Is Zika just in South America?
The virus was named after Zika Forest in Uganda, where it was first identified in 1947. In February 2016, the World Health Organization (WHO) declared Zika virus a Public Health Emergency of International Concern. Worldwide outbreaks are currently affecting many tropical areas and, with no effective method of controlling it, the mosquito-borne virus will continue to spread across the globe, alongside increasing imported cases among travellers returning home from affected countries.
Will I know if I have it?
Not necessarily. Zika tests are notoriously unreliable, and most people won’t have symptoms — but these ‘silent carriers’ can still transmit it. It can spread through infected men, as it stays in semen longer than in other body fluids. Men should use condoms or abstain from sex. Symptoms are mild, involving fever, rash, joint pain or red eyes. Patients typically don’t get sick enough to go to hospital.
Can I catch it from water?
There are no cases of water-borne transmission, but bodies of standing water are considered high risk for exposure between dawn and dusk as Zika can be spread through bites from infected mosquitoes in such areas.
Can I prevent an infection?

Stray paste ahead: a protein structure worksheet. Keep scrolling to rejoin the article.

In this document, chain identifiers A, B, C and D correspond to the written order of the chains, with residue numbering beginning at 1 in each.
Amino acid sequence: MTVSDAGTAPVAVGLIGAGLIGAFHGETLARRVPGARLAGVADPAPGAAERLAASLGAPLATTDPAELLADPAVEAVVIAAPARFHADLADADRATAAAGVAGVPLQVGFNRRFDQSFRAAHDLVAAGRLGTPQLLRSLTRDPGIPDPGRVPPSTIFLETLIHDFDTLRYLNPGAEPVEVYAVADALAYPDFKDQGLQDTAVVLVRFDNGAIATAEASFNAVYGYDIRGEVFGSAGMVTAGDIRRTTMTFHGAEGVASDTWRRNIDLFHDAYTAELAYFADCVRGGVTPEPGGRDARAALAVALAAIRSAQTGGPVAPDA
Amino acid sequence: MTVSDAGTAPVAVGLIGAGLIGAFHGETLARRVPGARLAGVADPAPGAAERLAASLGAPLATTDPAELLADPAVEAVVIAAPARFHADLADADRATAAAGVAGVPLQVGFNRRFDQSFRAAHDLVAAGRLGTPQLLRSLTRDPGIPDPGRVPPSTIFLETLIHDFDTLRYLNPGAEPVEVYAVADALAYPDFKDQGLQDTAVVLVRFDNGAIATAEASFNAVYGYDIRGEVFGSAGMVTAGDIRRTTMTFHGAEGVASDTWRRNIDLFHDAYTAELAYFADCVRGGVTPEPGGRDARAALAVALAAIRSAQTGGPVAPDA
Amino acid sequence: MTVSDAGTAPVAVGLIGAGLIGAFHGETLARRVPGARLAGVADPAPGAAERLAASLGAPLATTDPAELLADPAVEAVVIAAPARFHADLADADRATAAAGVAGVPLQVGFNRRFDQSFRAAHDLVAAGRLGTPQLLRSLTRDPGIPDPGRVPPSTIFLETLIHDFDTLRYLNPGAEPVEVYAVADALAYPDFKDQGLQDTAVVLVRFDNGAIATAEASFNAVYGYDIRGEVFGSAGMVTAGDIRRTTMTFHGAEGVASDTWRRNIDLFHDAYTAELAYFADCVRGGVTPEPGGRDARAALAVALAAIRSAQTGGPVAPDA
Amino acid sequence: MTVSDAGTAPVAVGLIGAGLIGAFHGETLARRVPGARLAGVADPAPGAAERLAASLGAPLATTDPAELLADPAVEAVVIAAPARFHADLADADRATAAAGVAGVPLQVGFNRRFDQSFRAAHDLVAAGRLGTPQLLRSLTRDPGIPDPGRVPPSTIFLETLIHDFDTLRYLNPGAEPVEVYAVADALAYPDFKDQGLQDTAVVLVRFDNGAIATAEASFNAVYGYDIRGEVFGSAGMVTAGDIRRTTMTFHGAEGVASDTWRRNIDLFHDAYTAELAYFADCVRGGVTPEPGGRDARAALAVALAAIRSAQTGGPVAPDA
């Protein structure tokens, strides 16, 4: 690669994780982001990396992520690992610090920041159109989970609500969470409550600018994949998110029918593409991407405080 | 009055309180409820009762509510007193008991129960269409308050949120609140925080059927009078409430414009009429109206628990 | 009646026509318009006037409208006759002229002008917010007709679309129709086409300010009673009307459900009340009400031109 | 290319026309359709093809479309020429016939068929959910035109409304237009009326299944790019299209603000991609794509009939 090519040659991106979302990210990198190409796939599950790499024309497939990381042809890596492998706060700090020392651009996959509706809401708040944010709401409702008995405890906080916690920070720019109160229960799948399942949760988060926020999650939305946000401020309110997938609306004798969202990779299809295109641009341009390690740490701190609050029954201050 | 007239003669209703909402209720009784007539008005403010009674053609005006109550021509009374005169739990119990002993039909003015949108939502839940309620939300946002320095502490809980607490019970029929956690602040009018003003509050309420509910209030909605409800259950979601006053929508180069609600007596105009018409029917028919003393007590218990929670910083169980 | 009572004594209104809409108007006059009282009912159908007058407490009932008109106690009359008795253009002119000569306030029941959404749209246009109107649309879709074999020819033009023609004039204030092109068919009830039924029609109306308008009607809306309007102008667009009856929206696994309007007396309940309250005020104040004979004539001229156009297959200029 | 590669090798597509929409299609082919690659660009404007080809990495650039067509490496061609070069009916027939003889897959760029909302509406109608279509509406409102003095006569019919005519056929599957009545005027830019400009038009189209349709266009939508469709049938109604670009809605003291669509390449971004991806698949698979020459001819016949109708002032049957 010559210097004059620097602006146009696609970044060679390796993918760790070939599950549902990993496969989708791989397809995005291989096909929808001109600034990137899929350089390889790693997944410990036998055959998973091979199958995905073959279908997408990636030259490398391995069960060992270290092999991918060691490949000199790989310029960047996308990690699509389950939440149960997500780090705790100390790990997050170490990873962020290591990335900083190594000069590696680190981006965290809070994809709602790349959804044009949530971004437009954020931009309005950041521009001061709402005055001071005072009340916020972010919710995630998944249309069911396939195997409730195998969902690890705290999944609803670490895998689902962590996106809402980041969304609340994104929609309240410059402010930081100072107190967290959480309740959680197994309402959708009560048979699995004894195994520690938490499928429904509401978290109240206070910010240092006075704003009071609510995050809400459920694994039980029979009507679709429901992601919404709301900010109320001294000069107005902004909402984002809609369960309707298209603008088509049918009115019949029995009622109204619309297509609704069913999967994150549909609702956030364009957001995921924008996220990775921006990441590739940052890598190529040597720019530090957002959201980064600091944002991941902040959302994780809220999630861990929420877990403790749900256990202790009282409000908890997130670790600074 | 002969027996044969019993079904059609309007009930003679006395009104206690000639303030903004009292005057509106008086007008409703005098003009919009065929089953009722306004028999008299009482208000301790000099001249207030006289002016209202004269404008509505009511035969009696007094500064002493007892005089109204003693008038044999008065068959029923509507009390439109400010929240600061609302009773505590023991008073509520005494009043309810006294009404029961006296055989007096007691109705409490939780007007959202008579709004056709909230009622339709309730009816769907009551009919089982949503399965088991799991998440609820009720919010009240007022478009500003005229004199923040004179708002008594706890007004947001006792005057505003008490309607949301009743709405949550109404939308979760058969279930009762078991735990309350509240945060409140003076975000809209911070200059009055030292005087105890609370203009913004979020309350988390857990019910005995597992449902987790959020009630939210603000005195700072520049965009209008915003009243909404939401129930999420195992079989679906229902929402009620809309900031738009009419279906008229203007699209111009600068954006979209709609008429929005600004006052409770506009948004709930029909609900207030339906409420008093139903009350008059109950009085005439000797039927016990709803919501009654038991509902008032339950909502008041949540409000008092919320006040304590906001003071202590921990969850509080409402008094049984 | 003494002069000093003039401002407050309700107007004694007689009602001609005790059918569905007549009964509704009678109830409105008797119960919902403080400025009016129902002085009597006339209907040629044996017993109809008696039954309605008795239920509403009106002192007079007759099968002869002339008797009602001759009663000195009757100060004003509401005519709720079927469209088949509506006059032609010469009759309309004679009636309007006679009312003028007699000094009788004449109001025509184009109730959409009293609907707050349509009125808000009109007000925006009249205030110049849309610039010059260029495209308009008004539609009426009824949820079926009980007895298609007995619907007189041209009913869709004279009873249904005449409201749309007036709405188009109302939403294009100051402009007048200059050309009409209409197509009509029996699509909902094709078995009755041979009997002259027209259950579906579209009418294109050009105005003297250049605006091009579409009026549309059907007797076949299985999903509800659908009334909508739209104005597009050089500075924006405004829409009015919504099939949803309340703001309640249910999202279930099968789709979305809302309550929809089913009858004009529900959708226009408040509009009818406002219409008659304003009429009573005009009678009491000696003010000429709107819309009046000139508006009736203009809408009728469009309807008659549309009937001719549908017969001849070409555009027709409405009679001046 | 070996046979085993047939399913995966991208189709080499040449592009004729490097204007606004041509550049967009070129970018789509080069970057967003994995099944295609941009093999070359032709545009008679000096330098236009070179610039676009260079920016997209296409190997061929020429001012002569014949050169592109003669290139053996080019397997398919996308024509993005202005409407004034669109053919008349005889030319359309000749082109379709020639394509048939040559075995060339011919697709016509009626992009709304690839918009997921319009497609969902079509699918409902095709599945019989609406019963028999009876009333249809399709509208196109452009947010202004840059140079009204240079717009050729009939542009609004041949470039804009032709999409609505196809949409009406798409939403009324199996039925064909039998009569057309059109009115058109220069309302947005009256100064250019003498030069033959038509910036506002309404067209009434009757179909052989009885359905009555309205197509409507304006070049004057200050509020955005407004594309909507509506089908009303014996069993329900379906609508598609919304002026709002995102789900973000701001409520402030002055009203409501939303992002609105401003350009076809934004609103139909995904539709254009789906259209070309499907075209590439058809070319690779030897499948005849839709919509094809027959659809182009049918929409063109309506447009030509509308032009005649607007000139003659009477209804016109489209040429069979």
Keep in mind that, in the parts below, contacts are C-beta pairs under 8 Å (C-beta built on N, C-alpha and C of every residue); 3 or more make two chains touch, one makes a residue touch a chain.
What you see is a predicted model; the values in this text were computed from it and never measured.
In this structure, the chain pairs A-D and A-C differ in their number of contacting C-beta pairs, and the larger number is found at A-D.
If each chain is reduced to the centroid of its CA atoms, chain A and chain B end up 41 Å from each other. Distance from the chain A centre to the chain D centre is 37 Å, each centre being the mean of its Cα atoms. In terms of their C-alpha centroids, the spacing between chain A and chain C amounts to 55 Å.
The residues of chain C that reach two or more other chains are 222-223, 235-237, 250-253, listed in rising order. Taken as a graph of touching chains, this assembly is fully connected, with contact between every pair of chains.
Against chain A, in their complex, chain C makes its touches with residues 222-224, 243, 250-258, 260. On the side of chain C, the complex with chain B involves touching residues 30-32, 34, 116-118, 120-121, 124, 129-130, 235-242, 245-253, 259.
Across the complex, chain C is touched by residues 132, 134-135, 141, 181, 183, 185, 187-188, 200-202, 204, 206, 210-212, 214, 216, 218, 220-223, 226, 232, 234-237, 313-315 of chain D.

Absolutely. Sleep under an insecticide-treated bed net, wear long sleeves and apply repellant regularly. Air-conditioned accommodation, window screens and door screens all deter mosquitoes. Some governments are advising pregnant women to avoid travelling to high-risk areas, and recommending those who live in high-risk regions to delay pregnancy.
What are the effects?
It can cause Guillain-Barré syndrome, which affects the nervous system. When passed from mother to foetus, Zika can cause microcephaly, a condition in which a baby’s head is abnormally small and the brain does not fully develop.
Alexander Kumar is an academic doctor specialising in infectious diseases and tropical medicine
Published in the South America 2016 guide, distributed with the October 2016 issue of National Geographic Traveller (UK)